I’ve been noticing that every income stream follows one of two basic patterns. It is either an indefinite stream that will go as long as you live, or it is a finite stream that will end at some point in the future.

Additionally, income streams either start now, or in the future.

If you think about income in these terms it helps to give you a mental framework when trying to structure your portfolio to give you the income you need, when you need it. For example, if you will have an indefinite income stream (like a pension) that starts in the future, then you may want to create some other income stream now that will last until that future date.

Indefinite Income Streams

Indefinite income streams are those that are expected to last as long as you and your spouse are alive. The most common examples of this type of income are as follows:

  • Social Security - It will still be there when you need it. Ignore those who say otherwise.
  • Pensions - Pensions from a company you worked at tend to kick in at your retirement (or when you reach a particular age).
  • Annuities - You can buy an annuity from an insurance company that will give you income for as long as you live.
  • Systematic Withdrawals - If you withdraw funds from your portfolio at a prudent rate (3-4%) then there is a pretty good chance that it will last last long as you do. The only question is whether or not it will keep pace with inflation.

Finite Income Streams

Finite income streams are those that you expect to end at some point. Here are some examples of those:

  • Your Job - This is the quintessential finite income stream. You can’t work forever.
  • Bridge Fund - See my article on creating a bridge to social security for an example of how to use funds to bridge to a future date.
  • Income Replacement Funds - Fidelity offers a particular type of fund called Income Replacement Funds that are designed to provide income until some future date.
  • Bonds - You could buy a portfolio of bonds that return the principal in different years and spend that money as it is returned to you.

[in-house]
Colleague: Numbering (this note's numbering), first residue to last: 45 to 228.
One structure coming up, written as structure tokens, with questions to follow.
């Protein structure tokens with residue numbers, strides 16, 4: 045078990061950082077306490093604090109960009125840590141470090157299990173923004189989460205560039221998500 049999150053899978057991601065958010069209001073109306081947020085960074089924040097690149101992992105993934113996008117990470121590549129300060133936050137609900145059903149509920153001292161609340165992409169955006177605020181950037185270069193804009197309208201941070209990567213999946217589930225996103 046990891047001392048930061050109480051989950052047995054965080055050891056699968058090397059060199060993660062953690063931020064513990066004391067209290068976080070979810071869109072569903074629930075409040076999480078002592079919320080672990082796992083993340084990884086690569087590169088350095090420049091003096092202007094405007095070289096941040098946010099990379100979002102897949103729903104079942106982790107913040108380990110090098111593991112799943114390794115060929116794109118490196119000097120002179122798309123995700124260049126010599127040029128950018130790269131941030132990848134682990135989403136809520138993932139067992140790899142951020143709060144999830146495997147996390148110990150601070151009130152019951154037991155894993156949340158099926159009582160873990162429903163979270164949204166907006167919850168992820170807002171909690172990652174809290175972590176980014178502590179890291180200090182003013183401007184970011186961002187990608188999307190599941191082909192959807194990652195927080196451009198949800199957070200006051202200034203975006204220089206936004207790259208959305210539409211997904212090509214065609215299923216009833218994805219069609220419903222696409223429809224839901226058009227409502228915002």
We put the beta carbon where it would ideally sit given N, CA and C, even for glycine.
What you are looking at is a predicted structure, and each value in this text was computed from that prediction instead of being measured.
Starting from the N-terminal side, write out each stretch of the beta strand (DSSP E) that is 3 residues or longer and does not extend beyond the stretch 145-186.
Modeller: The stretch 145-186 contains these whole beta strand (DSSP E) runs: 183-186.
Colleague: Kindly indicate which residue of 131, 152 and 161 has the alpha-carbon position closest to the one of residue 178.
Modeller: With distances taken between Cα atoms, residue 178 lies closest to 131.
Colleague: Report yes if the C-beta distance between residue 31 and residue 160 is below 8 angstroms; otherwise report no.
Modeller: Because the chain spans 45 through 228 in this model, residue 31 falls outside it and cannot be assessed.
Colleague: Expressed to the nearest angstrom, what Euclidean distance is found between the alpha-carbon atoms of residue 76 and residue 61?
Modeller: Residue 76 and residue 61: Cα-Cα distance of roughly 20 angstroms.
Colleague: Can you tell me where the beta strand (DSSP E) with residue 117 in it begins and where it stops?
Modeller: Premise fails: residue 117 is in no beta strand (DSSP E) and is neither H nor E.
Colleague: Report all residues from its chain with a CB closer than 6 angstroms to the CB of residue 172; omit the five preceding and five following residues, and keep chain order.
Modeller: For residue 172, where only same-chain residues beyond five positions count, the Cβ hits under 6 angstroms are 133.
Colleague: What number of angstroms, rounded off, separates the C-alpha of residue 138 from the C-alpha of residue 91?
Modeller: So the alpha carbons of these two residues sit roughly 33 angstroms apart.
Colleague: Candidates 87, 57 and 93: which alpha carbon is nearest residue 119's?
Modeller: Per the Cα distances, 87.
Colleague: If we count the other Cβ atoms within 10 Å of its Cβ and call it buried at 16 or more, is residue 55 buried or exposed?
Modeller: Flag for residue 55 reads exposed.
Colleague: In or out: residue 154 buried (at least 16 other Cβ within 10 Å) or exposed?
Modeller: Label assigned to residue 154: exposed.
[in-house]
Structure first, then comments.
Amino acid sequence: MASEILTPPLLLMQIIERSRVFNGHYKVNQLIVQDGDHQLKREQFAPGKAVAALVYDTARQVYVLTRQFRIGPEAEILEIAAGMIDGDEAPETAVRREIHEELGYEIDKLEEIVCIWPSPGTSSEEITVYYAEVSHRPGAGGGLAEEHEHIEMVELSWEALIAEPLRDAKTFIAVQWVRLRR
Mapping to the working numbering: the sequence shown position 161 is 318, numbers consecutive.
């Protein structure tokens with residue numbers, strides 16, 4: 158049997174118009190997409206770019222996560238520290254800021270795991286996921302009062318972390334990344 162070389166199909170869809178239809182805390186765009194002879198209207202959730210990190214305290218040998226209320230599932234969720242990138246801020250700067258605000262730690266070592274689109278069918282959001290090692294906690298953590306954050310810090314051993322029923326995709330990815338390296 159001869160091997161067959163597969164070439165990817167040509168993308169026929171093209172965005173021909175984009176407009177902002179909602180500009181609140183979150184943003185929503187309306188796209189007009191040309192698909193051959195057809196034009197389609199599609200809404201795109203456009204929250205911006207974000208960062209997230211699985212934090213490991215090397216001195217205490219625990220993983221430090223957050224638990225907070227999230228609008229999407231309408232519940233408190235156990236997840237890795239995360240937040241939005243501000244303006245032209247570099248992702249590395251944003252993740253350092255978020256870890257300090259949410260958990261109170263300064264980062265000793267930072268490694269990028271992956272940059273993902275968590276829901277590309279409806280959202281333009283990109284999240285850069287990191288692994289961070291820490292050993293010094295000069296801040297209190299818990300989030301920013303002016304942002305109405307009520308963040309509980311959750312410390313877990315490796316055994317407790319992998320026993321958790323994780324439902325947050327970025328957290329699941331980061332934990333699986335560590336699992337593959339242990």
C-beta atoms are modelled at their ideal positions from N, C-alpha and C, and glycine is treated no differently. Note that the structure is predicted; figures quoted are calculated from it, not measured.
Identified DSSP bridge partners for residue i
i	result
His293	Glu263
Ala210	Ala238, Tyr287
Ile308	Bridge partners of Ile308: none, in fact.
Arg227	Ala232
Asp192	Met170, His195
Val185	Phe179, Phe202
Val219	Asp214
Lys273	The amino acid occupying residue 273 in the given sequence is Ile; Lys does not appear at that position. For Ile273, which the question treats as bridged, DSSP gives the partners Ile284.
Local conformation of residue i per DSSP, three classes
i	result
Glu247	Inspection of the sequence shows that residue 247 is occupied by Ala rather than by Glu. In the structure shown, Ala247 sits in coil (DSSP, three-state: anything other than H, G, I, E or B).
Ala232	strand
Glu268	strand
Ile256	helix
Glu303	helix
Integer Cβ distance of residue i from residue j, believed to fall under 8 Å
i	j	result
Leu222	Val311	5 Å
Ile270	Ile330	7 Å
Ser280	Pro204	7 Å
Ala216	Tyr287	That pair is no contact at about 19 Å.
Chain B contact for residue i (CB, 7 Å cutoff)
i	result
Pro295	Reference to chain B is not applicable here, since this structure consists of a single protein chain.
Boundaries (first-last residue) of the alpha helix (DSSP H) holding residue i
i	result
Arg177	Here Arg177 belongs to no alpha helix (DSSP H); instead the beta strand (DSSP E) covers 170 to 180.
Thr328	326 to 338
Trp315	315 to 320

• Lending Money - You can lend funds to somebody with the promise that they will pay it back with some agreed-upon rate. Micro-lending companies like Lending Club and Prosper are a good way to do this efficiently.
  • Imprudent Systematic Withdrawals - if you draw down your portfolio too quickly, you could deplete it in a finite period of time. Don’t do this.

Income Start Dates

In addition to the duration of an income stream, you need to consider when they income starts. For example, if you are retiring at age 62, you could start taking your Social Security right at age 62. However, it is often beneficial for you to delay taking your benefits until age 70. In that scenario, you would need to figure out how to get an income stream that lasts 8 years until your social security kicks in.

Ultimately, your goal as a retiree is to arrange these blocks of income to give you an income stream that lasts indefinitely but is relatively smooth. I like to think of it using building blocks. Here’s a crude drawing of what I mean.

                                   | Longevity Annuity (age 80)
|  Bridge Fund   |          Pension (age 65)
|  Income Replacement Fund  | Social Security (age 70)
|  Systematic Withdrawals of remaining portfolio

In this drawing, time goes from left to right. This example depicts having a relatively steady stream of income until age 80 at which point your income is boosted by a longevity annuity. The “Longevity Annuity” is one income stream you might want to purchase if you anticipate needing extra future income to help with age-related expenses.

Also in this example, I am also showing a couple of different finite income stream types being used to bridge forward to indefinite income streams (pension and social security) in the future. The type of bridge isn’t important, I’m just trying to illustrate the concept of bridging forward to that indefinite future income stream.


This article doesn’t introduce much in the way of new concepts. But I have found it useful in structuring my own portfolio to think of income streams as one of two basic types that can be combined like building blocks to give you the income you need in retirement. Hopefully this framework will help you too.